In the evolution of trickery and deceit laws, the next significant case is Cayward (2). In this case the police typed up a fabricated crime laboratory report which stated that Cayward's DNA was found during the victim's autopsy. After reading this report Cayward confessed. The confession was suppressed, not because of either concern listed above, but because of a new rationale. In this instance the investigator crossed the line from making a false statement to manufacturing false evidence. The court was concerned that such manufactured evidence may find its way into court and jeopardize the integrity of the evidentiary system as a whole. The legal guideline stemming from Cayward can be summarized as follows:

A distinction must be made between false assertions (which may be acceptable) to fabricating evidence (which is impermissible.)

In addition to Cayward, other examples of fabricated evidence that have resulted in confessions being suppressed include making an audiotape of an investigator pretending to be an eye-witness (3) to the suspect's crime and a fabricated crime lab report indicating that the suspect's DNA was found on a rubber glove recovered from the crime scene (4).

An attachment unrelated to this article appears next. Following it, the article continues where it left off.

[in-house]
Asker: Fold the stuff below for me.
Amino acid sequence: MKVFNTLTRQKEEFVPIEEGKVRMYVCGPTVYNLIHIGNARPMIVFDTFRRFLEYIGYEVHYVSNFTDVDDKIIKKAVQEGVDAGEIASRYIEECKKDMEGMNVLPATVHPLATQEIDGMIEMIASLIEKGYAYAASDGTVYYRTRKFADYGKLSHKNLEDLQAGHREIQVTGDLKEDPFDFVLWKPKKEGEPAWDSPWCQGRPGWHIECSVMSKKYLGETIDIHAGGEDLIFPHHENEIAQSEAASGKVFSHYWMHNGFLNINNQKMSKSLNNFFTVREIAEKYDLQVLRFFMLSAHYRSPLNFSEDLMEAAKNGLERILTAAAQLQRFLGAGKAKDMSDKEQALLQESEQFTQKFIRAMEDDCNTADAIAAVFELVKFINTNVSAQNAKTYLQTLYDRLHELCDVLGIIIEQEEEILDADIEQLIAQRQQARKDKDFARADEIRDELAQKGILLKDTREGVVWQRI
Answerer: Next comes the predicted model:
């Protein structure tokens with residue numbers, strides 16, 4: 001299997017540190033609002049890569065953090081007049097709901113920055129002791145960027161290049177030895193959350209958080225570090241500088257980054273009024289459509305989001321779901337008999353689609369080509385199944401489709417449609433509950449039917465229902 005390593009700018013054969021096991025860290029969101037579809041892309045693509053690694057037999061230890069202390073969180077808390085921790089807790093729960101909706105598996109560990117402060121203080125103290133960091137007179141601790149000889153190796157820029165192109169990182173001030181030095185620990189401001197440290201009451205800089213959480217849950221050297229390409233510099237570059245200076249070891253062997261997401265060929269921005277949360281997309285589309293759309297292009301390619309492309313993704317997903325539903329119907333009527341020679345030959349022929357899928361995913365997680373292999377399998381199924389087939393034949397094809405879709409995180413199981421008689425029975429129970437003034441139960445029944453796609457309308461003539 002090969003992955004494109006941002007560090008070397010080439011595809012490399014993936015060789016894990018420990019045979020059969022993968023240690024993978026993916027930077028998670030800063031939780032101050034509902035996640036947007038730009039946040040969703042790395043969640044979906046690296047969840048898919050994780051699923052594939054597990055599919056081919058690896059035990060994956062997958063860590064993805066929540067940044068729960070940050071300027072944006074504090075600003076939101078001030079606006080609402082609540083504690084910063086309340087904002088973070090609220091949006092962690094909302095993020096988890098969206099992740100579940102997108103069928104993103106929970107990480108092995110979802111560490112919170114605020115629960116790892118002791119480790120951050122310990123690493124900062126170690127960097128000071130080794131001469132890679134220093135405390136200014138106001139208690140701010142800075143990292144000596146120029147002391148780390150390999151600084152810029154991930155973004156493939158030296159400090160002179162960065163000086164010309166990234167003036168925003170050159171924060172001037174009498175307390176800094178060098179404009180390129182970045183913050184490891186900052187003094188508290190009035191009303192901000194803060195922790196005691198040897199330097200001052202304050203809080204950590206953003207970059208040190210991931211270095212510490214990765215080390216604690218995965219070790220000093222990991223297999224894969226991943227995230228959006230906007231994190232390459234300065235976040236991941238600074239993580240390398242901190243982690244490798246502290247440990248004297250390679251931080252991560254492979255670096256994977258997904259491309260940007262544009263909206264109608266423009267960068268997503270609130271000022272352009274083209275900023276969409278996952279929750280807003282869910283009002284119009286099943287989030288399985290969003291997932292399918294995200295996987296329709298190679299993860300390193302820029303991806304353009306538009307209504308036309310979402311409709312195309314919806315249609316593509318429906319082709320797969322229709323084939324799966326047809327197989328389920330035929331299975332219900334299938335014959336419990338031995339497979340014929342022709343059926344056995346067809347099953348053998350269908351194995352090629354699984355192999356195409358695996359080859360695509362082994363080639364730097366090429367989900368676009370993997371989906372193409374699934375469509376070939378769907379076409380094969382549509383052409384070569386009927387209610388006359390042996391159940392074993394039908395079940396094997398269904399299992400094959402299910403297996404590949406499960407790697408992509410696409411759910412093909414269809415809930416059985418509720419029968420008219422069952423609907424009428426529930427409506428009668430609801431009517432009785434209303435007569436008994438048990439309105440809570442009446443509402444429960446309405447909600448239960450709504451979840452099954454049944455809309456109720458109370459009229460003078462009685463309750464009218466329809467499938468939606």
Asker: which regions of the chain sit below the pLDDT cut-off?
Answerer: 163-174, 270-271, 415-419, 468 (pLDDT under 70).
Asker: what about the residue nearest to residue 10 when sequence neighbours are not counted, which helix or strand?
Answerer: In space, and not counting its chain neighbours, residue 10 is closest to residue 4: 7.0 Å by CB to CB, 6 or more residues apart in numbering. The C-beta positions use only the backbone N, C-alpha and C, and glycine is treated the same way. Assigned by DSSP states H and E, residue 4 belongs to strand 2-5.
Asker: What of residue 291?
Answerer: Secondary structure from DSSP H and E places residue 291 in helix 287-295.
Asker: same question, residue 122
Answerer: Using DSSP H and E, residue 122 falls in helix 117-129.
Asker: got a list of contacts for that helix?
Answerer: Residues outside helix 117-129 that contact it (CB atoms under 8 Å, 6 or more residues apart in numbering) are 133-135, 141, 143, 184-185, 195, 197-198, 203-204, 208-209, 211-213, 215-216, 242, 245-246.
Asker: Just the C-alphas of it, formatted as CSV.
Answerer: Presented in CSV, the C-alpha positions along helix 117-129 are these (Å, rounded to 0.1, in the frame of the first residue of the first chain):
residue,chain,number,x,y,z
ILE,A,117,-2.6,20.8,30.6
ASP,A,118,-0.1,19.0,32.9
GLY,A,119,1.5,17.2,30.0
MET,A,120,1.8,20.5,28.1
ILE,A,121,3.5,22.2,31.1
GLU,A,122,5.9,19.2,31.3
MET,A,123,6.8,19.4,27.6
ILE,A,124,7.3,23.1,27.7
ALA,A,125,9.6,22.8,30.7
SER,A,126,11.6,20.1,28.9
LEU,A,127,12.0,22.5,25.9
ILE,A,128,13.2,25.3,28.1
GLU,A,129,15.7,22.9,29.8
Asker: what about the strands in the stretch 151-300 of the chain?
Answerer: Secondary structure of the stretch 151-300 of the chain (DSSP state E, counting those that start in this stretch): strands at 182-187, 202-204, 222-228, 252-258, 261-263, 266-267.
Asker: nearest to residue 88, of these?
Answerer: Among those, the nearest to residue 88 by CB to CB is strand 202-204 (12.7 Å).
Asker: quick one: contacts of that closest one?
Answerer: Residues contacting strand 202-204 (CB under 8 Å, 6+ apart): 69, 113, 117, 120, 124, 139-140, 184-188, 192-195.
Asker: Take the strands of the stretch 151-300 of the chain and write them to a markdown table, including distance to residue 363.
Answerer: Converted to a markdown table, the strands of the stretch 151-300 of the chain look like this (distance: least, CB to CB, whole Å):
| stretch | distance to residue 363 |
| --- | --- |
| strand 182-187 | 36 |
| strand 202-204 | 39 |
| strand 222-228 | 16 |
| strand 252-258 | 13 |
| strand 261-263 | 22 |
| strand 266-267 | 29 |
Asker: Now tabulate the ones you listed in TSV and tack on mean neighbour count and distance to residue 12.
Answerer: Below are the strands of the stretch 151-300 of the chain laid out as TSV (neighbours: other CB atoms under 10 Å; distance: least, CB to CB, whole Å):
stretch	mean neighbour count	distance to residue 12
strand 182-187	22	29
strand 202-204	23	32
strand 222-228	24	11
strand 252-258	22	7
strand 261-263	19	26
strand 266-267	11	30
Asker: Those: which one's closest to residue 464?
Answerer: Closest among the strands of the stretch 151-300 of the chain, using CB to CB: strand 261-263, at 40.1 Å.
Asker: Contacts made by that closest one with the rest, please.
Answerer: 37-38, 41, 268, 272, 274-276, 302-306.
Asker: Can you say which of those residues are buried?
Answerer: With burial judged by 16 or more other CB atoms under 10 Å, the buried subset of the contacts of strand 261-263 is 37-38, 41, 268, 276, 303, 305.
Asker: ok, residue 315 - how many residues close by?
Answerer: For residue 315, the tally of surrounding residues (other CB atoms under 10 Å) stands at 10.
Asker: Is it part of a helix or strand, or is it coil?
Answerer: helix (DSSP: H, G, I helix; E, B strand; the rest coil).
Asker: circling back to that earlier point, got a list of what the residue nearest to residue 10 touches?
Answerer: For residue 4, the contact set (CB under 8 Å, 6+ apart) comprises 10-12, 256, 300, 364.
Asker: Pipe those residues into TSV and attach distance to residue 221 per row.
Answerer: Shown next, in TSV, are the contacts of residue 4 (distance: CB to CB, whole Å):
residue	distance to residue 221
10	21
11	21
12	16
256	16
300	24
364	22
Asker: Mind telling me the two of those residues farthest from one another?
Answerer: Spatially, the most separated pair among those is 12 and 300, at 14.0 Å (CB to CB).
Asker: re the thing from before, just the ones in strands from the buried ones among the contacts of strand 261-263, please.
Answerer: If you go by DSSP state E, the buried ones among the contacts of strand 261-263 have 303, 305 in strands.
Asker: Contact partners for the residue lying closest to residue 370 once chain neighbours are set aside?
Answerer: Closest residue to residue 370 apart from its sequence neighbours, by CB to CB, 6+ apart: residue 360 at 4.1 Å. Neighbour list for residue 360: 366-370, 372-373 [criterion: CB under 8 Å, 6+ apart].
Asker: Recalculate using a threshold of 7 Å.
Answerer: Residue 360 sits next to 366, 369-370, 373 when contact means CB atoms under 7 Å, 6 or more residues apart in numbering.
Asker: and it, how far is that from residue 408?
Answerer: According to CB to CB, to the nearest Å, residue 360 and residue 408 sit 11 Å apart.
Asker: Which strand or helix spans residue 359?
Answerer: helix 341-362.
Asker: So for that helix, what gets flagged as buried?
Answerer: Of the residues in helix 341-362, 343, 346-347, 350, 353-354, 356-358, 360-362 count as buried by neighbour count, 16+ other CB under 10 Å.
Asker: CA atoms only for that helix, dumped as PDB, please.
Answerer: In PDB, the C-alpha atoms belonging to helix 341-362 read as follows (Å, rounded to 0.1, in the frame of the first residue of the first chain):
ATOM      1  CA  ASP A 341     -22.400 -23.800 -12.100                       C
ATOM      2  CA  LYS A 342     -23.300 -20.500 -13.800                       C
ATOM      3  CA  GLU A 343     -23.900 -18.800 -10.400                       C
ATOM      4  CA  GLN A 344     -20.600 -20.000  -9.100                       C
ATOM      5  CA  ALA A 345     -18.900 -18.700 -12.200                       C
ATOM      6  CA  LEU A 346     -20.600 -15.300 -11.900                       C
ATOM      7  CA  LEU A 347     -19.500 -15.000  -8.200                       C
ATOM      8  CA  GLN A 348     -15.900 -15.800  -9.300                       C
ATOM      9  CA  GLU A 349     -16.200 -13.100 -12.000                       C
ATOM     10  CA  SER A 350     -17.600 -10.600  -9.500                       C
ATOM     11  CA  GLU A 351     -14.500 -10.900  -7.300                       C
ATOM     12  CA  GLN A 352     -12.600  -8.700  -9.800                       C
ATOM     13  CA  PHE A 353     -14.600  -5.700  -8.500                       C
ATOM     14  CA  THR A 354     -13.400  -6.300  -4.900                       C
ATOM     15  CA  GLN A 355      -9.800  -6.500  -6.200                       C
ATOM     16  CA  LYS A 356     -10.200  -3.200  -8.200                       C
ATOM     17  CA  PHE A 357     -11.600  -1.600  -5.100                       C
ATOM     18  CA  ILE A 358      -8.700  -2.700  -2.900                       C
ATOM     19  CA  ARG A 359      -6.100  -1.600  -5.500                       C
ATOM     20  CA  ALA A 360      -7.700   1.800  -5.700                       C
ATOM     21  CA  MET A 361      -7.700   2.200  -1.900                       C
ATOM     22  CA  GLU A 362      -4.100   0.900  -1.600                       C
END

Deliberate falsehoods unrelated to the facts of the crime should be avoided.

While false statements relating to investigative information may be permissible, an investigator should not lie about legal, procedural or administrative issues. Examples of impermissible extrinsic deception include falsely telling a suspect that if he confesses he will be able to sleep in his own bed that evening, or falsely telling the suspect that if he confesses he will be placed into a witness protection program and not be prosecuted. In a recent case a confession was suppressed when the suspect was told during the interrogation, "If you don't give us a reason (for the crime) the jury's never going to hear a reason." (5) This statement, of course was not true and addressed the suspect's legal defense. As the court pointed out, "The officers in this case might have properly (and truthfully) told Novo, ethis is your only chance to talk to us.'"

It is the nature of a good criminal investigator to strive to solve a case, ideally with a confession. Furthermore, good investigators are creative not only in their approach to developing investigative leads and evidence, but also in their efforts to elicit the truth during an interrogation. It is at this stage that the investigator must resist the temptation to elicit a confession at any cost. If an investigator tries too hard to elicit a confession and bends the legal guidelines too far, the result is a suppressed confession. The following guidelines are offered to assist an investigator in deciding whether or not a particular false statement offered during an interrogation may jeopardize a subsequent confession:

  1. It is generally acceptable for the investigator to express false opinions during an interrogation.